Receiving HIV Medical Care
Over the course of the HIV/AIDS epidemic, effective medications have been developed that prevent or greatly delay the onset of AIDS for HIV-positive people. These combinations of medications are called antiretroviral therapy (ART). Though these medications are not able to eliminate the virus or cure an HIV-positive person, they work by controlling the virus so that there are very low levels of virus in the body. An HIV-positive individual can live a long, healthy life if they can access and adhere to an ART drug regimen.
Since the HIV virus attacks immune system cells called CD4 cells, the number of CD4 cells a person has is an important clinical indicator that can show how well treatment is working. Current clinical recommendation is that all people living with HIV, regardless of the count of their CD4 cells, should start ART as soon as they are diagnosed.
For more information about models for receiving HIV medical care and effective drug treatment in rural communities, see Models to Improve Retention, Adherence, and Self-Management in Module 2.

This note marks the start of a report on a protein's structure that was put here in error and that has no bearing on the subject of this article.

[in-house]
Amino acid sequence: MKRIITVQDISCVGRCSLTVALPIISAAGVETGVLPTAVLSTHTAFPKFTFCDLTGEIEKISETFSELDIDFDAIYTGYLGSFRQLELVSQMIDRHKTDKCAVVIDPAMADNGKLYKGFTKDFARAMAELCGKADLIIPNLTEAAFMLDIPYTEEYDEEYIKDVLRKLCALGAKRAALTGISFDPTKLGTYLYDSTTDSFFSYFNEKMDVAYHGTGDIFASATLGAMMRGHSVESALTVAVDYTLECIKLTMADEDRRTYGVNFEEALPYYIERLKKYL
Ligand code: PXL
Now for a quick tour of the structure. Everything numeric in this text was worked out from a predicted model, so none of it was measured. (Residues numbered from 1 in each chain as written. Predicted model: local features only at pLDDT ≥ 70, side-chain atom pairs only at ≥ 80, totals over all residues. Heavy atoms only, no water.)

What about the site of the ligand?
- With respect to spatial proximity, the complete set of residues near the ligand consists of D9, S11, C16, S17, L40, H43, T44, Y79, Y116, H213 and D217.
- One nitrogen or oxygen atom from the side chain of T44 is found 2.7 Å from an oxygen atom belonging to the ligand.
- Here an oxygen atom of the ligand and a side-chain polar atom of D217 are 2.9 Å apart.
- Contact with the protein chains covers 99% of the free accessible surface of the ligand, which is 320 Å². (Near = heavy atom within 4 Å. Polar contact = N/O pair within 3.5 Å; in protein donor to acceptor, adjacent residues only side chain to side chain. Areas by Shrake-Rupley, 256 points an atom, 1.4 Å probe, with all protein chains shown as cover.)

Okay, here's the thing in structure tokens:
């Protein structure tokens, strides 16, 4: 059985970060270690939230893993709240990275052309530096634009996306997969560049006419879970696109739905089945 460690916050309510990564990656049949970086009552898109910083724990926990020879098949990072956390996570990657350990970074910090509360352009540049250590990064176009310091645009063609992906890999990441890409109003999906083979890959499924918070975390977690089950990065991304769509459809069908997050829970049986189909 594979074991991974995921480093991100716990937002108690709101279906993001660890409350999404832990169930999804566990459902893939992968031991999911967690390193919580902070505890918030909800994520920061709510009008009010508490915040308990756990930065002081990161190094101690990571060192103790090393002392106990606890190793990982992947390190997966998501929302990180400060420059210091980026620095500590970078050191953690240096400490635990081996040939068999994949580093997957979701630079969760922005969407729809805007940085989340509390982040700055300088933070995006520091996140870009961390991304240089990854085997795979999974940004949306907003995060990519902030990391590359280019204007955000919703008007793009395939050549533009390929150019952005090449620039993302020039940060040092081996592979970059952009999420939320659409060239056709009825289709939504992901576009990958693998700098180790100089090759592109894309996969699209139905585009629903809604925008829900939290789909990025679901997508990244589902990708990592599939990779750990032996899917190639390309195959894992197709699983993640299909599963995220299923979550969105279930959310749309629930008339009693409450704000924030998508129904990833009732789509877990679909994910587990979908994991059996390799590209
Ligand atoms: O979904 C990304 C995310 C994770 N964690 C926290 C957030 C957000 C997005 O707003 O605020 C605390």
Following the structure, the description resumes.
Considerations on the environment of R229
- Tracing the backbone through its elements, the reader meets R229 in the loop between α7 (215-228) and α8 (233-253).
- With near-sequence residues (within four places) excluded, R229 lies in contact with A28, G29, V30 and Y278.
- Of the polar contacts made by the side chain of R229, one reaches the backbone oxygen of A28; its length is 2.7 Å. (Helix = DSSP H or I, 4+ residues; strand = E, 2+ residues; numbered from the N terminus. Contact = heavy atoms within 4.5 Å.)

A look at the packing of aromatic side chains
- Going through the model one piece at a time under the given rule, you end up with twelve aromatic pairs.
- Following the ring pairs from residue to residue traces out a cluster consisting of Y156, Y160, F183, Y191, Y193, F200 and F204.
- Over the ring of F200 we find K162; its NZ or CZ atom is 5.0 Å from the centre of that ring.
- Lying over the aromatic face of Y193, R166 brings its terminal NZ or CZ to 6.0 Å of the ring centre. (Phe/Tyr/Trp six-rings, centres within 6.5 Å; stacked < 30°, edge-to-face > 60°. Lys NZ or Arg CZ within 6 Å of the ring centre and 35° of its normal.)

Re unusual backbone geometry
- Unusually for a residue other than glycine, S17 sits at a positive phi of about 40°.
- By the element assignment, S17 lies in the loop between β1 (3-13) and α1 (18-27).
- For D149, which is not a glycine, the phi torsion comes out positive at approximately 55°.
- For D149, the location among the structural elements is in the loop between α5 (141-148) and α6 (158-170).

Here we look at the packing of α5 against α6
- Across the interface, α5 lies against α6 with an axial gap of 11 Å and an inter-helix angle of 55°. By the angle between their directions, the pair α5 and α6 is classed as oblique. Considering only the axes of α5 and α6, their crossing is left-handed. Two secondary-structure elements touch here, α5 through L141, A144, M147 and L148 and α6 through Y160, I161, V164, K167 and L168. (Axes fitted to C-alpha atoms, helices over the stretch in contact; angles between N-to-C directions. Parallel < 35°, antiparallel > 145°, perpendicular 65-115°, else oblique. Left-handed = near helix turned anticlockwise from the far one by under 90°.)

Resources to Learn More
Guidelines on the Use of Antiretroviral Drugs for Treating and Preventing HIV Infection: Recommendations for
a Public Health Approach
Offers guidelines on the diagnosis of HIV infection, the use of antiretroviral (ART) drugs in the treatment and prevention of HIV, and the continuum of care for people living with HIV.
Organization(s): World Health Organizations
Describes HIV treatment and why it is important, antiretroviral therapy (ART), the common side effects of ART, and HIV drug resistance.
Organization(s): HIV.gov, U.S. Department of Health and Human Services